Marijuana dispensaries hire budtenders as their salespeople with the expectation that they will be product experts. A budtender is expected to know the current marijuana industry trends by researching products, attending trade shows, and learning about partner dispensaries. Budtenders must also ensure compliance with the local laws governing marijuana usage.

Part of the job is to ensure customer satisfaction by helping customers select the appropriate products for their needs. This means that as a budtender, not only do you need to know your products, but you also need to learn about your customers so you can make appropriate recommendations. You have to be comfortable asking people questions about their budget, lifestyle, and history of marijuana use.

How to Become a Budtender

There are several courses available to become a certified Cannabis Dispensary Technician. Classes may be offered in a traditional classroom setting as well as online. At cannabiscareer.com, we off a Cannabis Dispensary Technician Course that covers all areas of knowledge, including botany, biology, history, safety, and even customer service. Our goal is to establish a high level of comfort in a cannabis dispensary, which leads to great experiences for you as an employee and for your customers as well.

The course consists of 11 modules, each containing a variety of media to learn, including text, videos, and current articles. There are quizzes along the way to reinforce important information and an exam at the end of each module.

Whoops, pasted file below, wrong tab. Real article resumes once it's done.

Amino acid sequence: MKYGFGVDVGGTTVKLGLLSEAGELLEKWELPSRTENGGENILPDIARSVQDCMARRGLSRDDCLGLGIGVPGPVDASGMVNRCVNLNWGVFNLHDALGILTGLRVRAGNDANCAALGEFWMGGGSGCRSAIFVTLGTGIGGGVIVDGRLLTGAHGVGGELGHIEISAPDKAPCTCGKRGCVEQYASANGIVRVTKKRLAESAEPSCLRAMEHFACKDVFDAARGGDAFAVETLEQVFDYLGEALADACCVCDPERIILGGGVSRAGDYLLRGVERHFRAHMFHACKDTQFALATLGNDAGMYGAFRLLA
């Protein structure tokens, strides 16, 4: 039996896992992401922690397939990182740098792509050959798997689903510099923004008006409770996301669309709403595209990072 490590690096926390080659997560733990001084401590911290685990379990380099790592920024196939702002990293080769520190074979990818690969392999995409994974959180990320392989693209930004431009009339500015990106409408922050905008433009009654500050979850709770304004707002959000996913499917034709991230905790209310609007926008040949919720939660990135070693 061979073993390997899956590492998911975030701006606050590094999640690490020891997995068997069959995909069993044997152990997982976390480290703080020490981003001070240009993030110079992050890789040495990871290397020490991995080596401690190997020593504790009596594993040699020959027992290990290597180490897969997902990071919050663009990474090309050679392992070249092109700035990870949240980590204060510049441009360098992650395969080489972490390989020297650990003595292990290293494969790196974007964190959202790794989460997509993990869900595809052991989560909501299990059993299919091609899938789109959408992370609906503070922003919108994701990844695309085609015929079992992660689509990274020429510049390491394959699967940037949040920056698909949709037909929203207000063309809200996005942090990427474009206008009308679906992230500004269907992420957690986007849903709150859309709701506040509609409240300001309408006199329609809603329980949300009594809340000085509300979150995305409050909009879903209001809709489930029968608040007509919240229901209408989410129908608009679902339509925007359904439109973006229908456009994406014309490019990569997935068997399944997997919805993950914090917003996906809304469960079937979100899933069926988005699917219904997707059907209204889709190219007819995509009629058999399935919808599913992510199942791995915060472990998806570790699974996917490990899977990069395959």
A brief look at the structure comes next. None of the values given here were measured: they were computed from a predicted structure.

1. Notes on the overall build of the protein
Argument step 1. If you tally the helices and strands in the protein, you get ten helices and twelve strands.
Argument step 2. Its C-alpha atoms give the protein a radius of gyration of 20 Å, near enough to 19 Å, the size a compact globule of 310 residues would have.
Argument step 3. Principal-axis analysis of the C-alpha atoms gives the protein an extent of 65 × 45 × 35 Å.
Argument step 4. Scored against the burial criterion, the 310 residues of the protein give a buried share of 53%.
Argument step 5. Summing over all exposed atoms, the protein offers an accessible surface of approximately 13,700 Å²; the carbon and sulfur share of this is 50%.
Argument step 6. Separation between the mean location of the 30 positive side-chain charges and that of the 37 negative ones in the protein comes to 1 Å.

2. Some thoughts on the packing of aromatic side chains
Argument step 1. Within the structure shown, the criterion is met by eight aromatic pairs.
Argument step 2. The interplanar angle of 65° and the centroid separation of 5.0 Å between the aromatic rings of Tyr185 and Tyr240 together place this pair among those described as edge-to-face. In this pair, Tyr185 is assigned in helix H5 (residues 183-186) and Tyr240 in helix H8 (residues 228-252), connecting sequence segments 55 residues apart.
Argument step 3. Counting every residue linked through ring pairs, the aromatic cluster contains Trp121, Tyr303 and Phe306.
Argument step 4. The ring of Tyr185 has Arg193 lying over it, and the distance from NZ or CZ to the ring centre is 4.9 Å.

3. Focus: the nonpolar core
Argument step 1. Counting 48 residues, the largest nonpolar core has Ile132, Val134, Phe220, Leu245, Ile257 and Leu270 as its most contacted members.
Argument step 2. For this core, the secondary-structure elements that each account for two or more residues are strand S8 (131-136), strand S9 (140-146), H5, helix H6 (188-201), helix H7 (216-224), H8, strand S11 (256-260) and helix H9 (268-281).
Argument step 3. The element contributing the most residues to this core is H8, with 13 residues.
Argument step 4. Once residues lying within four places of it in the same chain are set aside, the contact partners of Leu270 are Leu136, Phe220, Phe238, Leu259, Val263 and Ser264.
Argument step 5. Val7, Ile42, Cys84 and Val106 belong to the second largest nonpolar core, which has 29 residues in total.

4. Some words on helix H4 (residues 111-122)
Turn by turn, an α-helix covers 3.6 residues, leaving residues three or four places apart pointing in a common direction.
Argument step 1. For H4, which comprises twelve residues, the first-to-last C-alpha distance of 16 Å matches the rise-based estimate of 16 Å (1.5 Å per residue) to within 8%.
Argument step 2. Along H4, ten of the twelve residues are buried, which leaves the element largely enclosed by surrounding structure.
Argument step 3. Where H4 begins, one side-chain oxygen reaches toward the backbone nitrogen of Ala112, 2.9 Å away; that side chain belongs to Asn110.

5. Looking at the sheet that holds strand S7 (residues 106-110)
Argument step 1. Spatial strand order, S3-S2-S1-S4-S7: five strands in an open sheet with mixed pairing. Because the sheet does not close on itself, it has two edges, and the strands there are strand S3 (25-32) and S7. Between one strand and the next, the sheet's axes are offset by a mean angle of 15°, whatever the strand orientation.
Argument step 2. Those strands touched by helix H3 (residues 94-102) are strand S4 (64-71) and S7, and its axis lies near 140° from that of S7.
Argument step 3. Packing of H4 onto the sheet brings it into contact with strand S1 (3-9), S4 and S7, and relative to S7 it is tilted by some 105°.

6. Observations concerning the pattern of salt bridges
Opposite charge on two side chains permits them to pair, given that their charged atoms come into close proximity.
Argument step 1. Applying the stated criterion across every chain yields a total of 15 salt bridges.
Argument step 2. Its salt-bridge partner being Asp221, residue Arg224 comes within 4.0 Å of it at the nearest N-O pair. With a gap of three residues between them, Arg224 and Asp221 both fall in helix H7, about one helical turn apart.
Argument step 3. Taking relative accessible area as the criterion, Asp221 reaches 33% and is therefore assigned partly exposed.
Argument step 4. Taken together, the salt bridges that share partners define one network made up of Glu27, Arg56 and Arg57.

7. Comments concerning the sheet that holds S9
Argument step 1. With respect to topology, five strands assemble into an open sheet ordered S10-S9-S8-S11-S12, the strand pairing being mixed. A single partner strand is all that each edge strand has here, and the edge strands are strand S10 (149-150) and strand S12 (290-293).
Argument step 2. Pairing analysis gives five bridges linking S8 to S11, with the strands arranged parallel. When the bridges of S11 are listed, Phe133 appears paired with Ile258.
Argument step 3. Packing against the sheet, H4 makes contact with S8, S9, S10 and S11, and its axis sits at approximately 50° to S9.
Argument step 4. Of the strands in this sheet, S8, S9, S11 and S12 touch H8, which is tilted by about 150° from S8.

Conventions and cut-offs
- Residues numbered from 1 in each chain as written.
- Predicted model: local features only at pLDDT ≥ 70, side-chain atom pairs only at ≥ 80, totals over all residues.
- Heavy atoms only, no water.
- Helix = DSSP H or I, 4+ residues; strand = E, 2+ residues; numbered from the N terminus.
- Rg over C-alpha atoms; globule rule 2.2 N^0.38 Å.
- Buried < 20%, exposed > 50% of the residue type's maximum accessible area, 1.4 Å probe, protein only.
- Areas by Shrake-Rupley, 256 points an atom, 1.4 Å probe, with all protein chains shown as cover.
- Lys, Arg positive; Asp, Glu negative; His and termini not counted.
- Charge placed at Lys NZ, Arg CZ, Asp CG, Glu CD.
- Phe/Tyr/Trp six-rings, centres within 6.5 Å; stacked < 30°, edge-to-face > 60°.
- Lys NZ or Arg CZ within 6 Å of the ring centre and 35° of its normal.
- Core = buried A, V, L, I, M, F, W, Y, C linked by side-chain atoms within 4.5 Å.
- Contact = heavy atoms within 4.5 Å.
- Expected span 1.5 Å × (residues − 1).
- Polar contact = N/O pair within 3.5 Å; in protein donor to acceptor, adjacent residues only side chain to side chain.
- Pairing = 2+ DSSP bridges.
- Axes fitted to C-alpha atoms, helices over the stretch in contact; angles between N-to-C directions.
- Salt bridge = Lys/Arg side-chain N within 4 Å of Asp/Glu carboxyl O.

1. History of Cannabis and the Cannabis Dispensary Technician
  2. Basic Infection Control and Safety in the Cannabis Dispensary
  3. The Endocannabinoid System
  4. Phytocannabinoids
  5. Pharmaceuticals (synthetic cannabinoids)
  6. The Human Body and Responsive Conditions to Medical Cannabis
  7. Modes of Delivery, Routes of Administration and Dosages
  8. Effectively Communicating as a Cannabis Dispensary Technician
  9. Risk Factors, Adverse Effects, and Appropriate Responses to Complications Associated with Cannabis Distribution and Use
  10. Legal and Ethical Issues Related to the Distribution and Use of Cannabis
  11. The Future of Cannabis Research

Get the Knowledge You Need

If you are a people person with an interest in the growing medical marijuana industry, a career as a budtender may be just the job you are looking for. This industry is expected to experience strong job growth as medical marijuana becomes an accepted alternative to traditional pharmaceuticals. One of the essential skills you need as a budtender is product knowledge and industry knowledge. At cannabiscareer.com, we can make sure you get the education you need for a successful career as a Cannabis Dispensary Technician.